DEAR DOCTOR K: My toddler gets frequent ear infections. His doctor wants me to consider surgery, but that seems much too aggressive to me. Am I wrong?

DEAR READER: I'm not sure what kind of surgery your pediatrician is recommending, but I'll bet it involves putting in ear tubes. I'll explain that below. Ear infections are very common and can make children miserable. Most go away and don't cause problems, even without treatment. But a few can lead to complications, including more serious infections of the bone near the ear or even the brain.

When is the right time for a knee replacement?

DEAR DOCTOR K: I have osteoarthritis that's gotten worse over the past few years. My doctor has explained the pros and cons of knee replacement, but it seems like the timing is up to me. How will I know when the time is right to replace my joint?

DEAR READER: If your experience with a knee replacement is like that of most of my patients, you'll know when the time is right only after the time has passed. I've rarely met a person who had a knee or a hip replacement who did not say, after the surgery, "I should have had the surgery long before I finally did." That surely was my experience with hip replacement due to osteoarthritis. Looking back, I should have had the surgery at least two years before I did.

Does the high-dose flu shot protect better than a regular flu shot?

DEAR DOCTOR K: I've heard that there is a high-dose flu shot. Does it protect better than a regular flu shot? Should I ask my doctor about it?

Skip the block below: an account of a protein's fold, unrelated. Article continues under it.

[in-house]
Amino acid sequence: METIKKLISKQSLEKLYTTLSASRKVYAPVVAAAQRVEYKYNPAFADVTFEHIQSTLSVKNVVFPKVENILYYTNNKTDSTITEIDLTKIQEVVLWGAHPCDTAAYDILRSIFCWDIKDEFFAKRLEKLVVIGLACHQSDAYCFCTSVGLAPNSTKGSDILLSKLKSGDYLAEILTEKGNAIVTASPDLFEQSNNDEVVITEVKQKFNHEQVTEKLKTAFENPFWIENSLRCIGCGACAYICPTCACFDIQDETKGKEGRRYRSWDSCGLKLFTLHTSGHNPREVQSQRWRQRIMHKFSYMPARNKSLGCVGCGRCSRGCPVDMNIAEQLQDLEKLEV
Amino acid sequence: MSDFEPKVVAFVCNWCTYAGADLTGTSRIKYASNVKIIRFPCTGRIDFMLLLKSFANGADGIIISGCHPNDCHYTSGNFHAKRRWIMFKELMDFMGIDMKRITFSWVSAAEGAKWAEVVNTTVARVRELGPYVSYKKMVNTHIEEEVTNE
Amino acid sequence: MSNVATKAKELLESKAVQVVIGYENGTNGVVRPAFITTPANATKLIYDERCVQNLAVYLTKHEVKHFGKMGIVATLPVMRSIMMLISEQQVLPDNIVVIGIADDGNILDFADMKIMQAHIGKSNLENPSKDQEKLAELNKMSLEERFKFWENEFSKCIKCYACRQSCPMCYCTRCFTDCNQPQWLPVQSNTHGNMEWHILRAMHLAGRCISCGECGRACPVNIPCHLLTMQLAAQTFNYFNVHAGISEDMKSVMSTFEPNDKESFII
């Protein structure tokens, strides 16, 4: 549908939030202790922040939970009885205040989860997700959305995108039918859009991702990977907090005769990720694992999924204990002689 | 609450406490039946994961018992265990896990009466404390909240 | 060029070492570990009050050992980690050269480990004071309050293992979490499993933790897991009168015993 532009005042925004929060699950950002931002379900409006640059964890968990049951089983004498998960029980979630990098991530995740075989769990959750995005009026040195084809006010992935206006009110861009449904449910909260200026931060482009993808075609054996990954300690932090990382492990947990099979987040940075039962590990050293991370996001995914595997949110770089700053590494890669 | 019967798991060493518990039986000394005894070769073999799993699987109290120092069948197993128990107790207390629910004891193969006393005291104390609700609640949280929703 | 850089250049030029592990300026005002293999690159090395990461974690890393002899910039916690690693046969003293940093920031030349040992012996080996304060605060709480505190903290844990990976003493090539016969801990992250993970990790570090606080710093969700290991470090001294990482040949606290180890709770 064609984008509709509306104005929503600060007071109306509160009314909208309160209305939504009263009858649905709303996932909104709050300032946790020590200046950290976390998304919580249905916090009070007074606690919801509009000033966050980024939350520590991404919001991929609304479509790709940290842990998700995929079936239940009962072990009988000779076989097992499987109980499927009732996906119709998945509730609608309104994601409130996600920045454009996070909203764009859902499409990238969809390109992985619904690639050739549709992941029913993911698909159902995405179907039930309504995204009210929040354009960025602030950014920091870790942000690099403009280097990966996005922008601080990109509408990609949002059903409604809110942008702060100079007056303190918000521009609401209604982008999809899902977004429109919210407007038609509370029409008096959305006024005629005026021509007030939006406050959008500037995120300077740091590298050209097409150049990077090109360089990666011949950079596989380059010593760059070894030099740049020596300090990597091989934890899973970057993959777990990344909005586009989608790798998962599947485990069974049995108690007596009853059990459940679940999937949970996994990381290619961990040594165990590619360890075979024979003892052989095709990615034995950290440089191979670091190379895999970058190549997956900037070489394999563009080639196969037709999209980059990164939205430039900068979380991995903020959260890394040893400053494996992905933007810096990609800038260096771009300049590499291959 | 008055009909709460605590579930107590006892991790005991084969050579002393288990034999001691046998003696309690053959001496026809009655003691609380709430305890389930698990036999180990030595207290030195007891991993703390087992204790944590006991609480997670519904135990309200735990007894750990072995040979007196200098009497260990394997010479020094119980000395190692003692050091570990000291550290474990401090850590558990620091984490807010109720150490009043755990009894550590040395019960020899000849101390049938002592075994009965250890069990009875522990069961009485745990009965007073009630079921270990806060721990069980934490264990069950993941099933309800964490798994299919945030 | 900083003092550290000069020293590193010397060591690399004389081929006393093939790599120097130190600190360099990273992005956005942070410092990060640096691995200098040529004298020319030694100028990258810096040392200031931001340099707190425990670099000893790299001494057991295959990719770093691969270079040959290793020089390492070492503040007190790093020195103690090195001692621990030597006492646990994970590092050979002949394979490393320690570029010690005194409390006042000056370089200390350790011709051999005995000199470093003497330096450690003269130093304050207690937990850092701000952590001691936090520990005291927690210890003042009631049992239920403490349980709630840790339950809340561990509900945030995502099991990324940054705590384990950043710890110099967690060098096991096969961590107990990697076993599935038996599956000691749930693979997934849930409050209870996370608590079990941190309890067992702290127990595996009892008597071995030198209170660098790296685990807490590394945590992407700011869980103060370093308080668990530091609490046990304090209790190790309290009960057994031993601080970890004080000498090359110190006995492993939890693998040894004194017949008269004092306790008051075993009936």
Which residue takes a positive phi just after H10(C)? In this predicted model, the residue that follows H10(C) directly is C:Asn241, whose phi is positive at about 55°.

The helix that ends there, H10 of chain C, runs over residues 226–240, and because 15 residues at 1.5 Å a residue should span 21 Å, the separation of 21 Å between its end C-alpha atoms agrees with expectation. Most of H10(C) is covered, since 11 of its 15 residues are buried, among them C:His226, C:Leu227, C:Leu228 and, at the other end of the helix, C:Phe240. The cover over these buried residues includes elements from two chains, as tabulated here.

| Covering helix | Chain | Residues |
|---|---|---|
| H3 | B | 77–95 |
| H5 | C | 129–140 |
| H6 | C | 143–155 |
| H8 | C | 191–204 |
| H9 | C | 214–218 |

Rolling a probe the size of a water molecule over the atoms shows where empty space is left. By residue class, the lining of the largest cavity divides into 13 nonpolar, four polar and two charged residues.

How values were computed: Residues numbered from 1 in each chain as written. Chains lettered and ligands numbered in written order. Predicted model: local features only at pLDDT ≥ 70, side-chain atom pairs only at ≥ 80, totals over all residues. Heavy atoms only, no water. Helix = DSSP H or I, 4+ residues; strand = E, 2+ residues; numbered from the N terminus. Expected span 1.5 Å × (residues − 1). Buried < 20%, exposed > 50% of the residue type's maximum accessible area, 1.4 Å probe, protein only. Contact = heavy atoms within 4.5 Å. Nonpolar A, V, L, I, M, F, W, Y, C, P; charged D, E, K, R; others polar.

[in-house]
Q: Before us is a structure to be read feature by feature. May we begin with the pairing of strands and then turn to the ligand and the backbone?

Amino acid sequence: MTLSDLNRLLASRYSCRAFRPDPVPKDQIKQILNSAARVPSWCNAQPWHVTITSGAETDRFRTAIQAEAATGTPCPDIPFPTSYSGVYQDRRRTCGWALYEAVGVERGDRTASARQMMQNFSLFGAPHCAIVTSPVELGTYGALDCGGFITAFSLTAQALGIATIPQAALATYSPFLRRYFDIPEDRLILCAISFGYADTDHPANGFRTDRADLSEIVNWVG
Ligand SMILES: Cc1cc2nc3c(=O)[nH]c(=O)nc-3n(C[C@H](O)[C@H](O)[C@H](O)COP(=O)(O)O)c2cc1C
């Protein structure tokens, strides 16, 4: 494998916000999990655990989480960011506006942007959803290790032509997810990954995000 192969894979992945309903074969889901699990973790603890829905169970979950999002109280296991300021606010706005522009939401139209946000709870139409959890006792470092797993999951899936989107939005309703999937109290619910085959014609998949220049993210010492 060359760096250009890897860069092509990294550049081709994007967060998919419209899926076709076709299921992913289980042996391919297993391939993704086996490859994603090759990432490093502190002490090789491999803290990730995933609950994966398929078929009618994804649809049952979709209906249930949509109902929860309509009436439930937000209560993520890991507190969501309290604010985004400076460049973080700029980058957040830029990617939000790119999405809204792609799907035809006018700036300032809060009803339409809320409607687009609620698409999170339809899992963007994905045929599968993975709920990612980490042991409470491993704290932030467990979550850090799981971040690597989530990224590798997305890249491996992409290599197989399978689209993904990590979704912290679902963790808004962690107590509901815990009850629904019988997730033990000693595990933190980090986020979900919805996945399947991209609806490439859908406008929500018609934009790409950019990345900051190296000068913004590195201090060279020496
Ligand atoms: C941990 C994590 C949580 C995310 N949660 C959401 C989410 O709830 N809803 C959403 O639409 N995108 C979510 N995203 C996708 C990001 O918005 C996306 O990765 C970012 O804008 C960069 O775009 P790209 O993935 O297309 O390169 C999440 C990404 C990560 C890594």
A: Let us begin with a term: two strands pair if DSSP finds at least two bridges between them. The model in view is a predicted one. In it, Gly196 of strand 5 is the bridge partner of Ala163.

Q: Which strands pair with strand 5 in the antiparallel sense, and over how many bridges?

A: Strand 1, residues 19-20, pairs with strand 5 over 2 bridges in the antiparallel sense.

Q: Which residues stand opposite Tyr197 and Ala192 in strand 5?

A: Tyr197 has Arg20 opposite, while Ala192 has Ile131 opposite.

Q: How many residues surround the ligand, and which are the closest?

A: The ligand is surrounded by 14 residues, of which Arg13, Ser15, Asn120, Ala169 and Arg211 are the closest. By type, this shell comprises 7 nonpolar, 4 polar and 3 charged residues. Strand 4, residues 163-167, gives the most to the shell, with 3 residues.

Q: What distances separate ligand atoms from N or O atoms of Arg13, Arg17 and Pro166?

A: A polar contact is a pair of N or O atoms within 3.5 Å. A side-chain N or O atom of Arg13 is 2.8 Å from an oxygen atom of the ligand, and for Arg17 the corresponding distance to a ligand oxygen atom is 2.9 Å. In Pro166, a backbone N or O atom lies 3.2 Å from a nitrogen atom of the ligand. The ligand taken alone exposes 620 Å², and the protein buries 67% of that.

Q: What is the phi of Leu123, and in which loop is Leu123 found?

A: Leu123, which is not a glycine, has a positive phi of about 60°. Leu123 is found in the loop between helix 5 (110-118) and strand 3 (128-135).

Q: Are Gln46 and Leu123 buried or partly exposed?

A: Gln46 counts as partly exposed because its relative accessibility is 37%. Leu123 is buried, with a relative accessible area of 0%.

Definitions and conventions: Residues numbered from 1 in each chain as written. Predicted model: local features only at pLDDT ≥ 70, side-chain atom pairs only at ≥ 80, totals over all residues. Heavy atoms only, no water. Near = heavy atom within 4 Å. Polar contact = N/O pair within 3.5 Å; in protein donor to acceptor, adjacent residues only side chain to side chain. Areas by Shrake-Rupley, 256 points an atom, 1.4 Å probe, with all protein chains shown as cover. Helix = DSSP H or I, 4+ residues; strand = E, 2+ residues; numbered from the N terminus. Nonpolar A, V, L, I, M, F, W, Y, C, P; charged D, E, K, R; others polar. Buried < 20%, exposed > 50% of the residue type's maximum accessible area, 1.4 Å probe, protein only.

DEAR READER: The high-dose flu vaccine, known as Fluzone, is approved for adults ages 65 and older. It may provide better flu protection for older adults than the standard flu vaccine, which is less effective in older adults than in younger adults. Both the high-dose and standard flu vaccines target three different strains of the flu virus, selected from the most common strains predicted to be circulating that year.

Can exercise cause sudden cardiac arrest?

DEAR DOCTOR K: My wife saw something on the news about a man who died of sudden cardiac arrest while jogging. Now she doesn't want me to exercise. I'd really love to get my running shoes back on. What can I tell her to ease her worries?

DEAR READER: I read your letter as I was cooling off after exercising. So your question is timely. Your wife's concerns are understandable, but probably misguided. I spoke to my colleague Dr. Aaron L. Baggish, the associate director of the Cardiovascular Performance Program at Harvard-affiliated Massachusetts General Hospital. He confirmed what I thought I knew.

What can I do about my dry mouth?

DEAR DOCTOR K: My mouth and throat are always very dry. As a result, I am constantly sipping water. It's annoying and uncomfortable. Is this normal? Is there anything I can do?

DEAR READER: Dry mouth is not as common as dry eyes (something I have), but it's not uncommon. The medical term for dry mouth is xerostomia (pronounced ZE-ro-STOME-ee-uh), but I'll avoid doctor-speak and call it dry mouth. Usually, dry mouth is mild enough to be an annoyance, as it is with you. However, severe cases can cause complications. Dry mouth can rob you of your sense of taste and can make chewing slow and swallowing difficult. Also, since saliva is important for dental health, dry mouth can contribute to tooth decay and periodontal disease.